For the next two years, the EU Commission is looking for an operator of large drones at airports in Malta, Italy or Greece. They should remain in the air for at least 20 hours and carry up to 230 kilograms of surveillance equipment. The high requirements are likely to lead to a competition between companies from the USA and Israel.
The new Frontex regulation came into force on 4 December. The border agency of the European Union wants to build up a „Standing Corps“ of 10,000 police officers by 2027. In this way, Frontex is to become a „European Border Police“ and will be given powers that were previously reserved for the EU member states. The agency, based in Warsaw, can now conduct its own operations and use police coercive measures. This affects joint operations at the EU’s external borders as well as deportations. „Frontex stations long-endurance drones in the Mediterranean Sea“ weiterlesen
A German public prosecutor’s office is investigating the shooting of the ship „Alan Kurdi“. Its crew could be caught between the fronts of two coastguards equipped and trained by different EU missions.
With the General Administration for Coastal Security (GACS) and the Libyan Coast Guard and Port Security (LCGPS), two authorities with overlapping functions exist in Libya. The Ministry of Interior Coast Guard is a law enforcement agency operating within the 12-mile zone and along the coast, while the Ministry of Defence Coast Guard is responsible for territorial waters.
In a „marine strategy“, the Libyan unity government in Tripoli intends to reorganise the responsibilities of LCGPS and GACS. The two responsible ministries are supported in these efforts by the European Union in a „Maritime Sub-Working Group on Libya“ (MSWG). Central actors are the military mission EUNAVFOR MED, which cooperates with the Ministry of Defence, and the EUBAM Libya police mission, in which the EU cooperates with the Libyan Ministry of the Interior. „Shots fired at sea rescuers: EU supports competing militias in Libya“ weiterlesen
The EU Border Agency’s air surveillance could have triggered unlawful deportations at external borders. Such operations took place off Libya and Bosnia-Herzegovina.
For two years now, the Frontex Border Agency has been offering EU Member States the possibility of airborne monitoring of their external borders. The flights of this „Multipurpose Aerial Surveillance“ (MAS) are part of the surveillance system EUROSUR, with which Frontex monitors all external borders of the European Union and its „pre-frontier area“. EUROSUR provides so called Fusion Services, including satellite reconnaissance and drone flights.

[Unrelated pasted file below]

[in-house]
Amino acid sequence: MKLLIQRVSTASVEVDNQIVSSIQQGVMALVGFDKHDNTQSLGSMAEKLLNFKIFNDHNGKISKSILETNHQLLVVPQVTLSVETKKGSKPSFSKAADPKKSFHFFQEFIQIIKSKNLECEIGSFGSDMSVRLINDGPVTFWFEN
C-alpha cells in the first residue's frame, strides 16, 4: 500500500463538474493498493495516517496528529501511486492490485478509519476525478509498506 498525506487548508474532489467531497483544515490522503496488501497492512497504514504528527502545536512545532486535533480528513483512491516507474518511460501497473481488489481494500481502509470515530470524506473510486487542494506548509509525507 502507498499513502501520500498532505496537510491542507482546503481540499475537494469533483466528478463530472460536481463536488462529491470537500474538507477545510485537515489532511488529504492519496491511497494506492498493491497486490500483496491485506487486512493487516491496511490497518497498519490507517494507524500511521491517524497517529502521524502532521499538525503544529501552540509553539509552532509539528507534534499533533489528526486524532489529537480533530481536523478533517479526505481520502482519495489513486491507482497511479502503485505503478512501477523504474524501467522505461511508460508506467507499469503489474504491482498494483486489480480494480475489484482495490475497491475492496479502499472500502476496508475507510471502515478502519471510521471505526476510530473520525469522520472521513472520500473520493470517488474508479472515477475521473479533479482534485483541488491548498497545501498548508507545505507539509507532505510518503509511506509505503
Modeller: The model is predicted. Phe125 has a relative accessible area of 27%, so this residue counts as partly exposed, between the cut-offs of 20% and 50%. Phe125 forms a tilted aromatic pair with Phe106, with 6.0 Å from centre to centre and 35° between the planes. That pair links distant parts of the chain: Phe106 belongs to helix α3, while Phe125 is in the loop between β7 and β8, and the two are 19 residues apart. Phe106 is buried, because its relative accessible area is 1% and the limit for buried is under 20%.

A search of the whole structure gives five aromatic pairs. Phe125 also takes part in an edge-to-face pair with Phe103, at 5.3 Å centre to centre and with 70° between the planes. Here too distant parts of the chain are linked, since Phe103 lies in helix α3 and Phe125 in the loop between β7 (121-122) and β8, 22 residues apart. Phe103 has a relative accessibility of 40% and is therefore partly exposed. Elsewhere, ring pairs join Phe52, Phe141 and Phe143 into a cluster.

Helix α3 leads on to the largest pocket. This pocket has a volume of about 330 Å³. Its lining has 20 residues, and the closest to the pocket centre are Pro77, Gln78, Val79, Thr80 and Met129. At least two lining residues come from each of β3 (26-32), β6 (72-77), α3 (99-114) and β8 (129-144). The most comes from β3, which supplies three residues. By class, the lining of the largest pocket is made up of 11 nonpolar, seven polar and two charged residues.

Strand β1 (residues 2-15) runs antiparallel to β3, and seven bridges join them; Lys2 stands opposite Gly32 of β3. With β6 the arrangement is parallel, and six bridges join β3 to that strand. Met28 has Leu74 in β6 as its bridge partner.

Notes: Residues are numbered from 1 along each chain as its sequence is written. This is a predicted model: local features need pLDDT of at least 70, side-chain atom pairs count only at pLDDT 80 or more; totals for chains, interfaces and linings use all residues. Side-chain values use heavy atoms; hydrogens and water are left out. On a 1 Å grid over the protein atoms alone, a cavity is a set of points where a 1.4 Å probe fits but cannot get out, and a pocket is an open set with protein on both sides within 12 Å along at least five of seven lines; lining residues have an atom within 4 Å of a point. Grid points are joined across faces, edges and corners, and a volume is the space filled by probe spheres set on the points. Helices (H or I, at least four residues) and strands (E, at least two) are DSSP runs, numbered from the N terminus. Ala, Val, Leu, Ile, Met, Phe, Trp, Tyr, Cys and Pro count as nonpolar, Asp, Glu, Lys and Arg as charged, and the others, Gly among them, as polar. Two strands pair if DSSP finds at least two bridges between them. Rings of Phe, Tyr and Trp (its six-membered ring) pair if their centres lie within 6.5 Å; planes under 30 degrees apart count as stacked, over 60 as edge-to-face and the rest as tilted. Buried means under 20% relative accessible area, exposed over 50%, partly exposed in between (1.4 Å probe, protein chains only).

Frontex installed the manned air surveillance service in the summer of 2017. The agency therefore commissioned a charter company in an operating agreement to fly a twin-engine aircraft of the type „Diamond DA-42“ . Their recorded video data will be transmitted in real time to the Frontex headquarters in Warsaw. Several national EUROSUR contact points, including in Spain, Portugal and Italy, can also receive the live images. „Does Frontex arrange illegal push backs?“ weiterlesen
Frontex gets more resources and powers. Setting the course before elections to the EU Parliament. A conversation with Matthias Monroy
The EU wants to perfect the moat of its Fortress Europe and transform the European Agency for Border and Coast Guard (EBCG), or Frontex for short, into a border police force. What are the concrete plans?
First of all, there is the establishment of a force of 10,000 troops to prevent border crossings at the external borders or to carry out deportations. This is something completely new, because so far the Border Agency only has civilian staff. This „Standing Corps“ will be set up gradually. By 2021 5,000 officials are to be recruited, by 2024 7,000. They will report directly to the Warsaw Headquarters. In addition, the Member States are to send their own national officials to the „Standing Corps“ for two years. „„In fact, Frontex is now flying for the Libyan coastguard““ weiterlesen